Playing in the booth in room 2 is actually a bit of a challenge for an MC as you can’t see much of the crowd in the dark and the DJ monitors are so loud, especially when the old guard roll out, so it’s hard to hear yourself. I knew the vibes in the booth were strong at the time but had no idea how the crowd reaction was until after the set. Off the chain so I’m told!
Got to shout out SP:MC here who, after a good year or two of me playing in room 2, kindly showed me where the mic monitor control volume was. A game changer! Thanks and respect Stew!
Favourite moments in there over the years?
Being shown where the mic monitor volume switch lives! There’s way too many to count, but walking back through the doors to host for S.P.Y after the club was saved recently is up there no doubt. We need to support fabric and the underground scene as much as it supports us.
Highlight sets for me have been with Goldie, LTJ Bukem, Marky, Phace, The Upbeats, Artificial Intelligence, Doc Scott… I could go on but we would be here all week. Just want to say thanks to all the fabric family over the years for all the good times, love and support. Long may it continue!
First memory of the iconic venue?
I’ve only been a handful of times, but I remember initially being shocked purely by it’s expanse, the staircases, dark smokey rooms, it was honestly surreal.
This will be your debut playing there, right?
Yes this will be my first time! It’s all still very surreal – I’ve dreamt of playing fabric for years, and to have it become a reality is still sinking in!
How will you approach your selection this Friday?
I’m definitely digging quite deep for this one! I’m also hoping to test quite a few new dubs as well. When it comes to my sets, my approach doesn’t normally change too much, but for this one it will be a bit more on the minimal dark and melodic vibe as it’s the opening set of the evening.
fabric has provided us with some very memorable moments over the years – both good and bad!
Our first experience there together was back in 2008 when we were just starting out as a duo. We’d heard that LTJ Bukem was going to play one of our first tunes ‘Skyline Boulevard’, so we both went down, incredibly excited to hear it dropped. Bukem was on last that night, and he played our track as his final tune. So we had been waiting literally all night for the moment to arrive! We heard it coming in, we were both in the middle of the dancefloor going crazy, and when it dropped… it had no bass whatsoever. It went from being the best moment ever to one of the worst. But it was all part of the learning curve of making music!
Fast-forward to 2016 and we were fortunate enough to have the launch party for our second album ‘Better Perspective’ at fabric. It was such an incredible experience. We curated the whole night, so to have our favourite DJs playing on THAT soundsystem, our friends and family all close by, and the club packed to the rafters raving all night, made it a night neither of us will ever forget.
19 years of any venue is quite the milestone. What’s your experience of the folklore of fabric and its importance to club culture in London?
Well being from outside of the UK we couldn’t really give first-hand experience on things – but if you’re chatting to a promoter or fan anywhere in the world and you mention that you’ve played shows in London, the first thing they’ll ask is “Have you played at FABRIC??!!”. I think that’s a pretty good indication of the clout and reputation that the club has developed over the years.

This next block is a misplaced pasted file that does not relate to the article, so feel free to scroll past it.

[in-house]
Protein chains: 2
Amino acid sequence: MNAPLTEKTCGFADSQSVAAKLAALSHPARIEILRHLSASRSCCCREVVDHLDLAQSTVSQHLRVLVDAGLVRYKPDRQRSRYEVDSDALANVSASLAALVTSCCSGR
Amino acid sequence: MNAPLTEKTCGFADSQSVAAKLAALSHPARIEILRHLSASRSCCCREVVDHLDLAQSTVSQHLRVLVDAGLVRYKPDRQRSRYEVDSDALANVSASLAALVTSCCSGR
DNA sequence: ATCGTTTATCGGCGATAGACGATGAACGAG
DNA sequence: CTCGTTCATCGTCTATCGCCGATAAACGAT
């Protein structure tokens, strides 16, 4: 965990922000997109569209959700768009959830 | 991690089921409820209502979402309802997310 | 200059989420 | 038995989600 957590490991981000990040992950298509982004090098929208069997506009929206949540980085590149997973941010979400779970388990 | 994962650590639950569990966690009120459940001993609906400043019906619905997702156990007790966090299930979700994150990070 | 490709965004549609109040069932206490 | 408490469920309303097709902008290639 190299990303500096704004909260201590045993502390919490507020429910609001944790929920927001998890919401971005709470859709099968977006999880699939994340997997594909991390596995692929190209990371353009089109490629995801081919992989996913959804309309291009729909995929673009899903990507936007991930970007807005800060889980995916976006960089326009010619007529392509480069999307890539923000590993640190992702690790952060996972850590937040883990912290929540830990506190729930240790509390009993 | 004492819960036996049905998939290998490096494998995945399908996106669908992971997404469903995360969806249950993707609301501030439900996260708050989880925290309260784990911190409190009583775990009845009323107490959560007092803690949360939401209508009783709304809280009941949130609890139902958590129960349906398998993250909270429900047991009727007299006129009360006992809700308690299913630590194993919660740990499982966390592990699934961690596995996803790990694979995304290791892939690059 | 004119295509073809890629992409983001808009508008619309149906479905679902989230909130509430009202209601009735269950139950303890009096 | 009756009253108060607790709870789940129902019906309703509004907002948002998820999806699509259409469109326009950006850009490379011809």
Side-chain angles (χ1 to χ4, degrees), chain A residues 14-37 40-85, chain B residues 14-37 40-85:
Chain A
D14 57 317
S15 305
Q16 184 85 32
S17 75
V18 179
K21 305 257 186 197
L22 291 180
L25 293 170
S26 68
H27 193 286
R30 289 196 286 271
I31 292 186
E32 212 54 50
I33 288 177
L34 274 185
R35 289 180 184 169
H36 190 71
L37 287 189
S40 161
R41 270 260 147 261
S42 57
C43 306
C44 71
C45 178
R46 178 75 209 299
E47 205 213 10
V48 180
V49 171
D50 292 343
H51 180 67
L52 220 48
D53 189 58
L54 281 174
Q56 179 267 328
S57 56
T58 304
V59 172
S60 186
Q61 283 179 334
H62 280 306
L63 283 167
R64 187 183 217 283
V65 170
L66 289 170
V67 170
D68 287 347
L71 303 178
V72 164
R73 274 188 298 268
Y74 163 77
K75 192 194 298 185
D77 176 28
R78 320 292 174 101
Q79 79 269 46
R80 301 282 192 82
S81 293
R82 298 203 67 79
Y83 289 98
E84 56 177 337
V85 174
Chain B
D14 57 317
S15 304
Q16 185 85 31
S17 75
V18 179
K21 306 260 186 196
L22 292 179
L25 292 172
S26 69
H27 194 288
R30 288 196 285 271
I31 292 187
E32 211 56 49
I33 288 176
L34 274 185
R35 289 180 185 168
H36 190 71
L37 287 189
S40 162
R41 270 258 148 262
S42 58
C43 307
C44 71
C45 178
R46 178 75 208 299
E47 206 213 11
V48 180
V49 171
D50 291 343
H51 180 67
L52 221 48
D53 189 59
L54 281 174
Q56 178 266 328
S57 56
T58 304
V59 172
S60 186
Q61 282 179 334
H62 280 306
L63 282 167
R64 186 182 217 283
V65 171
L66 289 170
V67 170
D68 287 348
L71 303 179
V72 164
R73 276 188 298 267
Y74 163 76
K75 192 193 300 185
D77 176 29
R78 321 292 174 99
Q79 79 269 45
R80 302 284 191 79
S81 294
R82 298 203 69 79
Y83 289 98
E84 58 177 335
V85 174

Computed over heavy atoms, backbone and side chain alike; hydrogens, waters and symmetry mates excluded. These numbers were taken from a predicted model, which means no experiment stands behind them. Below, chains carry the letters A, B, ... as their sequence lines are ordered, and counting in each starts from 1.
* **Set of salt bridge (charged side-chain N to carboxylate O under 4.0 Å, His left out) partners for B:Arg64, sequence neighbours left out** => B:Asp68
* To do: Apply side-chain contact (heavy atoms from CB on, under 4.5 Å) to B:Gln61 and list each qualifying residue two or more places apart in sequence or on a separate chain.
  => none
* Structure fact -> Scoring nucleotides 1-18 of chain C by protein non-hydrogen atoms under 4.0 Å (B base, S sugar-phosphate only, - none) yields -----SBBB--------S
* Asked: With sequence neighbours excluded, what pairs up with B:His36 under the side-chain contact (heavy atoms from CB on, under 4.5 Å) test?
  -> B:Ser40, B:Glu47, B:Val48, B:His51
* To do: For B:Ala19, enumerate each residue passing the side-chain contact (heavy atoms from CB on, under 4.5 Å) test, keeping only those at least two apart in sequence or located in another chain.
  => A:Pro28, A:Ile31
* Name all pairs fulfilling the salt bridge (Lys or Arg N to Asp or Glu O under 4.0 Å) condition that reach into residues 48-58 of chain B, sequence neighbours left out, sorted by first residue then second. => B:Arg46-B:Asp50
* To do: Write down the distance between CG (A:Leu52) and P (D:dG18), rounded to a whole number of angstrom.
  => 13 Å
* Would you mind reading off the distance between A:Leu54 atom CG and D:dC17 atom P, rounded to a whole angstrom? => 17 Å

What was your first experience in there like?
Well the first time we went we were actually playing and I remember being pretty damn nervous, as it was one of our first tours out of NZ.
To be DJing at the illustrious fabric was fairly intimidating for a little ol’ NZer. And on top of that getting pretty lost as well, I think we actually couldn’t find our way out when we were done, haha!
You’re not the only one! 🙂 Fondest memories in there over the years?
Of course every time playing at fabric has been amazing, but also so many great times backstage in that tiny den off room 1. Some nights it would almost feel like everyone in the scene was rolling through for a catch up and a drink in that smokey little cave.
How do you approach your sets when you’re deep in the labyrinth?
I think you can rest assured the crowd at fabric will be open to everything you throw at them, and will take the party into the early hours. It really does feel like once you’re through the doors and down the stairs you can lose the outside world for a few hours and just get absorbed in the music.
What do you think fabric has meant to London and club culture as a whole over the years?
I think fabric has been integral in the development of the London clubbing scene – it certainly was for me anyway. It was the first place I raved in regularly and heard the music I was in love with. It’s been iconic since I set foot in the place and a real staple for D&B music. It has consistently delivered well thought-out line ups, bringing new talent through whilst also showcasing established artists. The balance over the years is something I think is unrivalled by any other club in London.
Can you remember those first experiences stepping into the club?
I have so many memories of my first few times in fabric, but can’t pinpoint much in particular because they are all so hazy, haha! I used to go there all the time and it was a proper underground dungeon back in the day. I remember being able to smoke weed under the arches and the atmosphere in there was not too different to a proper warehouse rave.
fabric was my graceland for a number of years and my go-to club. I learnt a lot about the clubbing scene and heard so much good music there. The system was the best in my opinion all those years ago and nothing in London at the time could test room 2 for me!
Tell us about your first time performing there…
The first time I played at fabric was for Exit Records in room 3. dBridge gave me the nod and it was genuinely one of, if not the biggest, bucket list ticks of my career. Playing in fabric was a goal of mine from the age of about 16 when I first heard about it, and after raving there for 5 years the first time performing there was hugely influential. I will never forget that night and will forever be thankful to Darren for bringing me in.
Fondest memories there?
Obviously that first time I played was one of the most special. Also playing in room 1 with Nu:Logic for their album launch last year is definitely another highlight. Love those guys and the vibe was electric that night. I always loved the Critical shows when they were in room 2 as well. That stage with the monitor set up is something quite special for an MC. Nothing better than being able to hear yourself, which is often a rarity in this scene.
To be honest, I could go on… I feel very lucky to have been able to play there so many times over the years. Some really special events and I will always cherish the memories and look forward to making more in that awesome club. Long live fabric!
Celebrate 19 years of FABRICLIVE this Friday – tickets available here